He believes the interparty cooperation alliance is significant in a way that it shows political maturity, but only ‘If they put aside selfish interests to work together to bring about political change’. But the question is, ‘To what extent can they mobilise the population to vote and raise the voters’ turnout, sell their agenda and defend the electoral process?’ Tumushabe told The Independent. He says the biggest problem has been manipulation of the electoral process where people are intimidated and in turn, fear to go to vote. As a result, votes are rigged as some people end up ticking the ballot papers for the intimidated voters.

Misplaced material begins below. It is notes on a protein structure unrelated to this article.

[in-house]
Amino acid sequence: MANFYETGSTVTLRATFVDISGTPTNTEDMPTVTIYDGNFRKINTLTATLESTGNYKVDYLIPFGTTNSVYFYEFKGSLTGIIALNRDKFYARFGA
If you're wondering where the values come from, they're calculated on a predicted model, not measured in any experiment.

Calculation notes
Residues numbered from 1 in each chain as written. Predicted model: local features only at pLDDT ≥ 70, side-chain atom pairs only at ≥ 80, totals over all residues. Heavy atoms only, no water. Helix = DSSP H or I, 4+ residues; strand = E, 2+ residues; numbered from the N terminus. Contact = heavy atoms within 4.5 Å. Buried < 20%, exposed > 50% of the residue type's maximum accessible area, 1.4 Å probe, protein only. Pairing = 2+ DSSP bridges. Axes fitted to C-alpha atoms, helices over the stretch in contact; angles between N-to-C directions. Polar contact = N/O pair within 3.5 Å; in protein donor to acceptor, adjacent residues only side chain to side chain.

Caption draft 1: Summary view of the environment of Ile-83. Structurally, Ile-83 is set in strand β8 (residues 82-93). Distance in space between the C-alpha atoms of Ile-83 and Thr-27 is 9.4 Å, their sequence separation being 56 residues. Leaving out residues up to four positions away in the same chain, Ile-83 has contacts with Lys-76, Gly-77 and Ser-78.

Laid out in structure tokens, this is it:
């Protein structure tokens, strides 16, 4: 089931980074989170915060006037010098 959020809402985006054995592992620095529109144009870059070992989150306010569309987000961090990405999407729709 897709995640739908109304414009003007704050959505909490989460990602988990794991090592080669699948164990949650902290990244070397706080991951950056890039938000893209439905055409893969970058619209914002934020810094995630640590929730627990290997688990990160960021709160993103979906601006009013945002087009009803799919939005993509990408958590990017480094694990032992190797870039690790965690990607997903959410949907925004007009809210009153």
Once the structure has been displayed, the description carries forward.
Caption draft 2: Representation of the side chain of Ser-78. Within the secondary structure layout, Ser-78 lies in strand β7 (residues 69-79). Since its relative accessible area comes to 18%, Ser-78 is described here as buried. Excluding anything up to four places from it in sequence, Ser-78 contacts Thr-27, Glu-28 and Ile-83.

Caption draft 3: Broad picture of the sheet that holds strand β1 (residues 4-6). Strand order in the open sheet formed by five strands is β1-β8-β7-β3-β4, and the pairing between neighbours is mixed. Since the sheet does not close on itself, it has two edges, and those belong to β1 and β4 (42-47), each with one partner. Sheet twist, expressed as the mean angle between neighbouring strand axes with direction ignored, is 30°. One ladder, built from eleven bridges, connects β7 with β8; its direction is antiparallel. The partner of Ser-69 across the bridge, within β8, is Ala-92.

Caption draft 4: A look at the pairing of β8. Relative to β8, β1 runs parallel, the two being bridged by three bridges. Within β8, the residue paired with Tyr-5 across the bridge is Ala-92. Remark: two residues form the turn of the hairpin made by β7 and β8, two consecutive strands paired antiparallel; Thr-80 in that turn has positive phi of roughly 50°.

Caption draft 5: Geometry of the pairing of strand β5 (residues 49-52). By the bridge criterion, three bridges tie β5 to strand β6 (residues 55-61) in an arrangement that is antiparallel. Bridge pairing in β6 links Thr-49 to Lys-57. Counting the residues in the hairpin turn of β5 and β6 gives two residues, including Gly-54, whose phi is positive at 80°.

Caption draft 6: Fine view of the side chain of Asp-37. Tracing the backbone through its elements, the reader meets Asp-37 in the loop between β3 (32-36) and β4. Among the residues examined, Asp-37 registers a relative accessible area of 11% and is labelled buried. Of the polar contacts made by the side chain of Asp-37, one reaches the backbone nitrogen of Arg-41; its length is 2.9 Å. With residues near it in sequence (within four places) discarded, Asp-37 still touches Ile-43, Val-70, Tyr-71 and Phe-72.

Despite the conviction that Besigye has of providing a classic challenge that might ensure regime change, Prof. Dan Nabudere advises him not to stand in the 2011 presidential elections. Nabudere reasons that the election results are already pre-determined by President Museveni’s NRM party and that Besigye would be wasting time and money to run against him. But Mary Karooro Okurut, NRM’s spokesperson and Woman MP for Bushenyi, believes the interparty alliance is a scarecrow that is bound to fail as similar coalitions have shown before. Be that as it may, if the opposition upped their mobilisation skills, perhaps critics might be proved wrong.